Asana and ClickUp are two project management tools that appear very similar to one another at first glance. But as you begin to look closer, you will be able to discover the key differences between them and identify which tool suits your development team/development agency the best.
To help you differentiate and pick the perfect project management tool for your org, here’s a quick yet comprehensive comparison of ClickUp vs Asana.
Quick Overview of Asana
In 2008, Asana was founded by former Facebook co-founder Dustin Moskovitz and ex-facebook engineer Justin Rosenstein. But it was kept in private beta for 4 years and finally launched to the public in 2012. Today, Asana has become a popular choice, especially among non-IT teams even though it caters to IT teams as well.
Asana takes the task-oriented route to project management where everything revolves around tasks and projects. This means you create tasks and subtasks for every project that you create and handle them.
Team collaboration is one of Asana’s key USPs. This is why apart from traditional collaboration functionalities such as assignees, descriptions, and tags, you can hold conversations related to them.
The plus points
- Intuitive user-interface that aims to make work a fun experience
- Flexible and can be customized to suit your software team/development agency’s needs with its custom templates, custom statuses, custom tags, and custom fields.
- Provides multiple views, namely, board, list, calendar, and Timeline to help visualize your projects.
- Also has a workload view that allows you to view what work and how much work is assigned to whom and thus control your team’s workload.
- Plenty of integrations with third-party apps are available for streamlining your workflows
- Team communication and collaboration capabilities enable keeping all your work items and related conversations in one place.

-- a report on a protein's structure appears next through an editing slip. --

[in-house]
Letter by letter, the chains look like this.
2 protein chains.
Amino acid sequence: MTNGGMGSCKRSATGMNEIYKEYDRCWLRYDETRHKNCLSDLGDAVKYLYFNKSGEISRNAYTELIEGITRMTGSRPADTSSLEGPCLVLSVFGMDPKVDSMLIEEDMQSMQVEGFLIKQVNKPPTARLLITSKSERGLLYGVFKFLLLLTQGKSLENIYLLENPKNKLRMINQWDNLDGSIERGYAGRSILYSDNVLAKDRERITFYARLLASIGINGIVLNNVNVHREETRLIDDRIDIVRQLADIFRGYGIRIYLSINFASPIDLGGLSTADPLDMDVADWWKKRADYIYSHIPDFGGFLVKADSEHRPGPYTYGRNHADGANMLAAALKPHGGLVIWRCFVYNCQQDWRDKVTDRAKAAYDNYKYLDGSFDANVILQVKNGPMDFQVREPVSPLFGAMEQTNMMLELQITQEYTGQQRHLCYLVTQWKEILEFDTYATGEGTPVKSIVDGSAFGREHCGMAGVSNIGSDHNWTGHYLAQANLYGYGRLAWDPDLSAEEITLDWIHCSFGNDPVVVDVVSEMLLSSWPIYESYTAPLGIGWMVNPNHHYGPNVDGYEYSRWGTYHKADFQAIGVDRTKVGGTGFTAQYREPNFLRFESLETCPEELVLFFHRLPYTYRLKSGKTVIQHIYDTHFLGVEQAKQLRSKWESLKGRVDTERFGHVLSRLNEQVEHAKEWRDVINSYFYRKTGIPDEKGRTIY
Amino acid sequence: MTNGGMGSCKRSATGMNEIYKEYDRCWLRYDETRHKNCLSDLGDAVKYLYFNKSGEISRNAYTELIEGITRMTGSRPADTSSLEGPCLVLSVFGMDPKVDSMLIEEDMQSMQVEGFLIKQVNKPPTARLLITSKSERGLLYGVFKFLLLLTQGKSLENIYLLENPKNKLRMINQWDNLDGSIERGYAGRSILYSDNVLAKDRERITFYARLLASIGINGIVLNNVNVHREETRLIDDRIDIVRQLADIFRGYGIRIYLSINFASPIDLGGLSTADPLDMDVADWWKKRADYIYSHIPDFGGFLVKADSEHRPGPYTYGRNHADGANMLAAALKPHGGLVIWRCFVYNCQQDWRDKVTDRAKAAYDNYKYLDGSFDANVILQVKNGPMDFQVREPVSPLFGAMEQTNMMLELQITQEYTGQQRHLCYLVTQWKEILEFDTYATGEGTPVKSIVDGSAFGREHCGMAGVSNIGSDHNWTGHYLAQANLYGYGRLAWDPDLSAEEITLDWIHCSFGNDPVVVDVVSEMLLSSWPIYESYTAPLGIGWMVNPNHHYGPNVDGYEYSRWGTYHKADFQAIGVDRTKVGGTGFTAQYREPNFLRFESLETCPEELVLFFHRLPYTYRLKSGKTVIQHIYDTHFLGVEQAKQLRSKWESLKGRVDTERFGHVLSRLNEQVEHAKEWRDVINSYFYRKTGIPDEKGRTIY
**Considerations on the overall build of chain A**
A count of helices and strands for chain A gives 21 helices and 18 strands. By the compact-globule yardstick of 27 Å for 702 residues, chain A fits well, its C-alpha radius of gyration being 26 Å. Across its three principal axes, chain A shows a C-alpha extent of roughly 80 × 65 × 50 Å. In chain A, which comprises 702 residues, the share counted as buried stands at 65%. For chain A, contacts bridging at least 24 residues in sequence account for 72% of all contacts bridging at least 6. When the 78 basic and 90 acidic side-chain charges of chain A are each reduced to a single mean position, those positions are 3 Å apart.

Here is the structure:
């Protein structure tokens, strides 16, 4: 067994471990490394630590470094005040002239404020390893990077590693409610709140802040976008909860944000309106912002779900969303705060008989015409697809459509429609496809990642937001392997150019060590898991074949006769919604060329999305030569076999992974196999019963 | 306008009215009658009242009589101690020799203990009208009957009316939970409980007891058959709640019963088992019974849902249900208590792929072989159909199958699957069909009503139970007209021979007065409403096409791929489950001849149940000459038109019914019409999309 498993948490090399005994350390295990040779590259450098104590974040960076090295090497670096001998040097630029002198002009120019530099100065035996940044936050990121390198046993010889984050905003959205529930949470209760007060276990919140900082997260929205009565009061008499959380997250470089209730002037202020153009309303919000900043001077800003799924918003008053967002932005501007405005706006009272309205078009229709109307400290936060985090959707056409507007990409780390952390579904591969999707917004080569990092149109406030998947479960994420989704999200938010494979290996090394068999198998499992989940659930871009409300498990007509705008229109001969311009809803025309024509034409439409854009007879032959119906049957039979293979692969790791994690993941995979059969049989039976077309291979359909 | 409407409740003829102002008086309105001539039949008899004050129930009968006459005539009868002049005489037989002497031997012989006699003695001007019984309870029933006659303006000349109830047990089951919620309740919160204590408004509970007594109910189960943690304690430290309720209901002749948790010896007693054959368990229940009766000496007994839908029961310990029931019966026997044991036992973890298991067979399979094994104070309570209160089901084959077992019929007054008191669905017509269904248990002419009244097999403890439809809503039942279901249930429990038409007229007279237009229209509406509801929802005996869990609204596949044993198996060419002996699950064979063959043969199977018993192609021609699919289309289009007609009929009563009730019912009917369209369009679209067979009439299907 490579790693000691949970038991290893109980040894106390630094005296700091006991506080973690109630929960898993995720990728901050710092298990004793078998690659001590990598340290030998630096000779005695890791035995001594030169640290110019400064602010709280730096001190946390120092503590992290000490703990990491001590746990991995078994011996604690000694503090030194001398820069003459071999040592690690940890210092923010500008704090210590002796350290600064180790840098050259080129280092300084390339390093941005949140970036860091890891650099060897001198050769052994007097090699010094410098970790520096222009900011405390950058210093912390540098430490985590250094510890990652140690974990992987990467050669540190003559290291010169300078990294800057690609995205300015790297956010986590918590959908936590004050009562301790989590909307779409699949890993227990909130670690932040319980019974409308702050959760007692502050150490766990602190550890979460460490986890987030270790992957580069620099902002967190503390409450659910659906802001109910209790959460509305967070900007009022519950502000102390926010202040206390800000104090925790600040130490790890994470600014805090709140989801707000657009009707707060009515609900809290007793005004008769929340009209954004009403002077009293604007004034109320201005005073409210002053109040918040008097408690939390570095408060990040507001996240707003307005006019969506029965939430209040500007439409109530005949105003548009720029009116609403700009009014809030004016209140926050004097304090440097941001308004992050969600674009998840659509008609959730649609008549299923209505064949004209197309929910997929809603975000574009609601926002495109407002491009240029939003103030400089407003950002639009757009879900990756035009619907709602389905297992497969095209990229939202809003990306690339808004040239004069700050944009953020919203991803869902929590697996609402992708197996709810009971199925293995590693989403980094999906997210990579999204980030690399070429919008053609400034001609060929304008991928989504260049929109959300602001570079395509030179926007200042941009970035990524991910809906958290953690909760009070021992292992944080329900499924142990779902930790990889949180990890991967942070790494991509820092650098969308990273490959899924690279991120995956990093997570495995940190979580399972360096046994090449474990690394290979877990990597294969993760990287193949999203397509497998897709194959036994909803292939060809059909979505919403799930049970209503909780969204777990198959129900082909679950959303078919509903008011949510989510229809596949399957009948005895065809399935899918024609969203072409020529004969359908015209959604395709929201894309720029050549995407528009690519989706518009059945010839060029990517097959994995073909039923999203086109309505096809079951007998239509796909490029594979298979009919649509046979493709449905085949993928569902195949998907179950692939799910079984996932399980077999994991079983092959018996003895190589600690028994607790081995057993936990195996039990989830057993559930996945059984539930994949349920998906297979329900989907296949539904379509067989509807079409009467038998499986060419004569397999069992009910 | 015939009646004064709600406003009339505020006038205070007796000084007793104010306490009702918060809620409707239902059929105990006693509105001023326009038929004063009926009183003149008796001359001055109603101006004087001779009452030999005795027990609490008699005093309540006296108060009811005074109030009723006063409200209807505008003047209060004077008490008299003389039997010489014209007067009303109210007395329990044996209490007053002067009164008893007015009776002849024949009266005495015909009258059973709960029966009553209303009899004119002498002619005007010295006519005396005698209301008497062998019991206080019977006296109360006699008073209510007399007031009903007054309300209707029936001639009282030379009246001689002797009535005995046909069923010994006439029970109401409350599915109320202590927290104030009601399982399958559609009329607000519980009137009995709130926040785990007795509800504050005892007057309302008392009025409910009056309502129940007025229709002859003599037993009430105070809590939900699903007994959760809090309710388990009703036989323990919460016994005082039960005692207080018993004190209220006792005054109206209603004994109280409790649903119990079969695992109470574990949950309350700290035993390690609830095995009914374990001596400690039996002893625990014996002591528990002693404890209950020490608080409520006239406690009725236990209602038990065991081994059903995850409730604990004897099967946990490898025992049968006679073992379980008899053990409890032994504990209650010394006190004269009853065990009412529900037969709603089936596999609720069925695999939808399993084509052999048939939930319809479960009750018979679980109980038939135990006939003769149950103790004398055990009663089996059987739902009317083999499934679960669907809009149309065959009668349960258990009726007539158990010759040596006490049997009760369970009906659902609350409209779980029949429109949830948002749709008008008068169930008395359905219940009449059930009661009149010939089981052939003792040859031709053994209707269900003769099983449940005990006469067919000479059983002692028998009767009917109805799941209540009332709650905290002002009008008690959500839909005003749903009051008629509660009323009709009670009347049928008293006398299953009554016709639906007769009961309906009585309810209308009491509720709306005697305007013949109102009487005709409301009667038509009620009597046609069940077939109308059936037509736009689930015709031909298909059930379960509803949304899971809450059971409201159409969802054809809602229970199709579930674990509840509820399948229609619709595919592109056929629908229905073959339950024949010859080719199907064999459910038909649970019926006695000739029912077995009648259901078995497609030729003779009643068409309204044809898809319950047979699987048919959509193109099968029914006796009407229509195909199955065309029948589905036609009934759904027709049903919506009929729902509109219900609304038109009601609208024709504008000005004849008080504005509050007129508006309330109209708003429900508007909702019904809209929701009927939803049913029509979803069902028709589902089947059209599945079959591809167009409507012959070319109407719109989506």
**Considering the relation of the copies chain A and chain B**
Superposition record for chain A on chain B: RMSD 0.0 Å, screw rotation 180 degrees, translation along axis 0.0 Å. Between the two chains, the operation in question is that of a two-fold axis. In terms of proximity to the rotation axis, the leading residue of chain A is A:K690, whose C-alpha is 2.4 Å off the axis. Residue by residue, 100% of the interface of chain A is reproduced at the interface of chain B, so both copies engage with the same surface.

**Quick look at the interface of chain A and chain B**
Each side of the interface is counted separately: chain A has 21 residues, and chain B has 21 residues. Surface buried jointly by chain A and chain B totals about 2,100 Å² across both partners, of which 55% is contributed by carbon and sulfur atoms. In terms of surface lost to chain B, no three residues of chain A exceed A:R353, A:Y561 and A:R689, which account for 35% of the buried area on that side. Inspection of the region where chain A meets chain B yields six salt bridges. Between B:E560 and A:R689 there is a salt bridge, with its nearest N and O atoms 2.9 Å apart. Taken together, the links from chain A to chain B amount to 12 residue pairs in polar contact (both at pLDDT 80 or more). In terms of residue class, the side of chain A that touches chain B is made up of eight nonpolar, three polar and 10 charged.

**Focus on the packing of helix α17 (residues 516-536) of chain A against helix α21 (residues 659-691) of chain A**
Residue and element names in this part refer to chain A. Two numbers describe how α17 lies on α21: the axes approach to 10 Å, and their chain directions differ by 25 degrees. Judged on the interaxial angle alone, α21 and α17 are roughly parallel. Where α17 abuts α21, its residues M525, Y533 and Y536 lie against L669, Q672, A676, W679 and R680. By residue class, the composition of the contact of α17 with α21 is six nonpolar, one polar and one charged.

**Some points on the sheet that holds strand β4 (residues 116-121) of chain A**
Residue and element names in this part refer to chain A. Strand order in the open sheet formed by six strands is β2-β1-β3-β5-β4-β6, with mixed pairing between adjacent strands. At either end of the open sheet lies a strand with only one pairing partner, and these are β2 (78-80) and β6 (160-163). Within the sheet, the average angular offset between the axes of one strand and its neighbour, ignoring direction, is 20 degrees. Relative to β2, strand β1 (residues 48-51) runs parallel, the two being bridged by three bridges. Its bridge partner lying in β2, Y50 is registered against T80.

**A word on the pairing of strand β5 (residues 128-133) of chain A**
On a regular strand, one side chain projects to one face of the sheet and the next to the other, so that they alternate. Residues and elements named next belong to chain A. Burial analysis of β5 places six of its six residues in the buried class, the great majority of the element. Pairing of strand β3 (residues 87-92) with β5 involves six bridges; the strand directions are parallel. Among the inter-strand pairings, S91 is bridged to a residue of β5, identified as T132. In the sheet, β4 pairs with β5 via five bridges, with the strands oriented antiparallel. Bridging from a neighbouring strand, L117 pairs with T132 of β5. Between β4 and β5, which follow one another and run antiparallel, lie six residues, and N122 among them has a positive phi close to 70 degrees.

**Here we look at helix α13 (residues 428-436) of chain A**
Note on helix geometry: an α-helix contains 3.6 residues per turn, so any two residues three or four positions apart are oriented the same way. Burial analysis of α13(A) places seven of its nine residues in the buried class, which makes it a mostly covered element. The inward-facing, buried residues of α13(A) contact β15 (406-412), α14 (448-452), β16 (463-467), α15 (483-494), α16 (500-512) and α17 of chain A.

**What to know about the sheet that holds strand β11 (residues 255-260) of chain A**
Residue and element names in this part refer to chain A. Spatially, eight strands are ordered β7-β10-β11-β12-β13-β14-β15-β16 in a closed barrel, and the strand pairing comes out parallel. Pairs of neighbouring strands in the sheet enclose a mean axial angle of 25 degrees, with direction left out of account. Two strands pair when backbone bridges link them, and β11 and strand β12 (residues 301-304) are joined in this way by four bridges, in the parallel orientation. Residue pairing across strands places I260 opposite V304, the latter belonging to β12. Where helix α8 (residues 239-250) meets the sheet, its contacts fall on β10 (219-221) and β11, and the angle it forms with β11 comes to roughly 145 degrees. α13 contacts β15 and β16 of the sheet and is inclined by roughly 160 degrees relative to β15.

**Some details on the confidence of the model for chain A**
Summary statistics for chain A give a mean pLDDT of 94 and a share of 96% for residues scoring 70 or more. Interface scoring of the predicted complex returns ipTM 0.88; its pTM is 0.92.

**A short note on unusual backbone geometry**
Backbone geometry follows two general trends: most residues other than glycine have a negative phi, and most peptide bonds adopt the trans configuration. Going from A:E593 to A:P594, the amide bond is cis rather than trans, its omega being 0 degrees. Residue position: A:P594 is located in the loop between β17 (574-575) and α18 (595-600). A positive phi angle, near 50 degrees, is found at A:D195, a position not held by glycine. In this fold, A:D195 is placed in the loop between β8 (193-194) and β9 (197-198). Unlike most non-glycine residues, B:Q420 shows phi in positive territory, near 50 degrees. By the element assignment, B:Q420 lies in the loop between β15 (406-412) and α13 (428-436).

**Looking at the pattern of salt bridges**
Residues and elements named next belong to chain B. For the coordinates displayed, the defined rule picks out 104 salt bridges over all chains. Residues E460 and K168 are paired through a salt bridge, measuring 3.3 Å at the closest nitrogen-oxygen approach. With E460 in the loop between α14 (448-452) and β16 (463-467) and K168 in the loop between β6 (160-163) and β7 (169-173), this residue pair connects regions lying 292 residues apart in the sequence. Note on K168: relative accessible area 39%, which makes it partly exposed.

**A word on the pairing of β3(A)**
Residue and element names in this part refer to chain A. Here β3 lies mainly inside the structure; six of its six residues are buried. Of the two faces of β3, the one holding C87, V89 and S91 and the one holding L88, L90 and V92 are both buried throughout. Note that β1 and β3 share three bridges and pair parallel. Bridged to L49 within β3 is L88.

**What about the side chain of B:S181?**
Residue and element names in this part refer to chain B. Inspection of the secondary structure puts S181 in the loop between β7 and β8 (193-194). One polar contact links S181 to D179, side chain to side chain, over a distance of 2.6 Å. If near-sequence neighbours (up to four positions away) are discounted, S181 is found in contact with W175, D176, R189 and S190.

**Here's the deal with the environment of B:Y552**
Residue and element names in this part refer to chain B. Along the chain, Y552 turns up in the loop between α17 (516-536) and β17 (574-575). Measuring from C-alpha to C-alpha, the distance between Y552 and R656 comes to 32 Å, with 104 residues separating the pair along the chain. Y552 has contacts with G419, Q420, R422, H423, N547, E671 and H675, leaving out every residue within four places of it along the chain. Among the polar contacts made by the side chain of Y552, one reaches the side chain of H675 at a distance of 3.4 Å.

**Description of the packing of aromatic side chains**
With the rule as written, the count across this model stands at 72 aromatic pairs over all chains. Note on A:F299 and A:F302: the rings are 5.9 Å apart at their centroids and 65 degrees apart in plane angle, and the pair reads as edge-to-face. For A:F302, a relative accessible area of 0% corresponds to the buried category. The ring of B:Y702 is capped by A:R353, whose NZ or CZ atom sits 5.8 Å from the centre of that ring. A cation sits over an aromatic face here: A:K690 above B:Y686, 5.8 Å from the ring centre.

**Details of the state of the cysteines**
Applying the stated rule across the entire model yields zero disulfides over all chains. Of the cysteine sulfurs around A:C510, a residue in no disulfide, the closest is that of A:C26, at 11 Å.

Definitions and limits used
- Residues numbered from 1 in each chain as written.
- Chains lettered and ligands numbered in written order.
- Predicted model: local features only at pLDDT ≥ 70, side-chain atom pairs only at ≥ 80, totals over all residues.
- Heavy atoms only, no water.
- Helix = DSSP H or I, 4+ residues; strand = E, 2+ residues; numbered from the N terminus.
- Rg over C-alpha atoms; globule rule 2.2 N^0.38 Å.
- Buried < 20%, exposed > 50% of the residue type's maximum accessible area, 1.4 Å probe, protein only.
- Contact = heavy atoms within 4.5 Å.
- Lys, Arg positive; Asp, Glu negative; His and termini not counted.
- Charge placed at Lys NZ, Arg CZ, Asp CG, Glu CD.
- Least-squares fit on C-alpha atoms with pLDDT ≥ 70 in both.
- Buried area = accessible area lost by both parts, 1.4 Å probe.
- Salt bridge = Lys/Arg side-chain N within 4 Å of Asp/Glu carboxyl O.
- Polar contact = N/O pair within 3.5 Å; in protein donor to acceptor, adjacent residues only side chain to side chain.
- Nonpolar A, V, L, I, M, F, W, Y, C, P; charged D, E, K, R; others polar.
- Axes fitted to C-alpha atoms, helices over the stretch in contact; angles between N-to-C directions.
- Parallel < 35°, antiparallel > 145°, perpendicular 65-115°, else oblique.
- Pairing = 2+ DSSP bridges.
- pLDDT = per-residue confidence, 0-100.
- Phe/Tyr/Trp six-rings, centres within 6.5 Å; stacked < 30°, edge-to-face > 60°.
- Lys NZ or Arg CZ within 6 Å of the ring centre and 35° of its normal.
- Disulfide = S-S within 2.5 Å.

- Unlimited tasks and projects for teams to get work done even on the free plan.
The minus points
- A steep learning curve, which makes the user experience hellish, due to far too many features than required.
- Not an agile tool as it lacks agile capabilities other than a simple kanban board
- Doesn’t support a single nestled view for viewing tasks and subtasks.
- Pricing is too costly
- Can’t assign multiple users to a single work item
- Doesn’t support markdown and
/commands to get work done quickly
Top user reviews
“The project plans are fairly straightforward and flexible. Great for workflow management and collaboration. The price is also relatively reasonable. We use this for simple projects where there are less sophisticated teams collaborating and where communication and simplicity are the main objectives.
This platform is only good for the simplest and most basic of project management tasks. It lacks more sophisticated features necessary for real project management, such as time tracking tools and other features. Also, it's lack of structure proves challenging when it is implemented without a lot of strategic planning and / or forethought.
If you are looking for a simpler tool this can fit the bill, just requires forethought as to how it is being implemented. For more complex product/project management this is not the platform to use.”
“Some teams use Asana for project management and perhaps it's good for that. For me I feel it isn't very useful for technology teams. We can't paste code, we have no auto integration with build processes like Jenkins and it's incredibly slow to wait 5 seconds to load each asana task. It's not easy to pass around a task #... as Asana creates these long tokens for every task. Several of us have asked for these features on Twitter with the Asana team and we just are told it's not something that they're interested in adding.
Pros: I guess it's an easy interface to make a task
Cons: It really doesn't offer what Jira or other software packages offer... there's no enforced flow for bug / defect tracking, there's no easy way to pull tickets up (i.e. it's not a simple task identifier such as CR4478, instead it's a 20 character random string. When you pull up an individual task it takes nearly 5 seconds to load it, and you get the Asana splash screen while you wait. You can't easily put code into the Asana tasks. Asana doesn't have 3rd party API connecting (like Jira) to automatically link to Jenkins or other products. As a defect tracking system it's entirely lacking. This may not be what you intended it to be used for, but that's how we use it (for everything) and it's incredibly lacking. We have to be creative with Asana to make it sorta work and it's still not very appealing from the QA or Dev side of things.”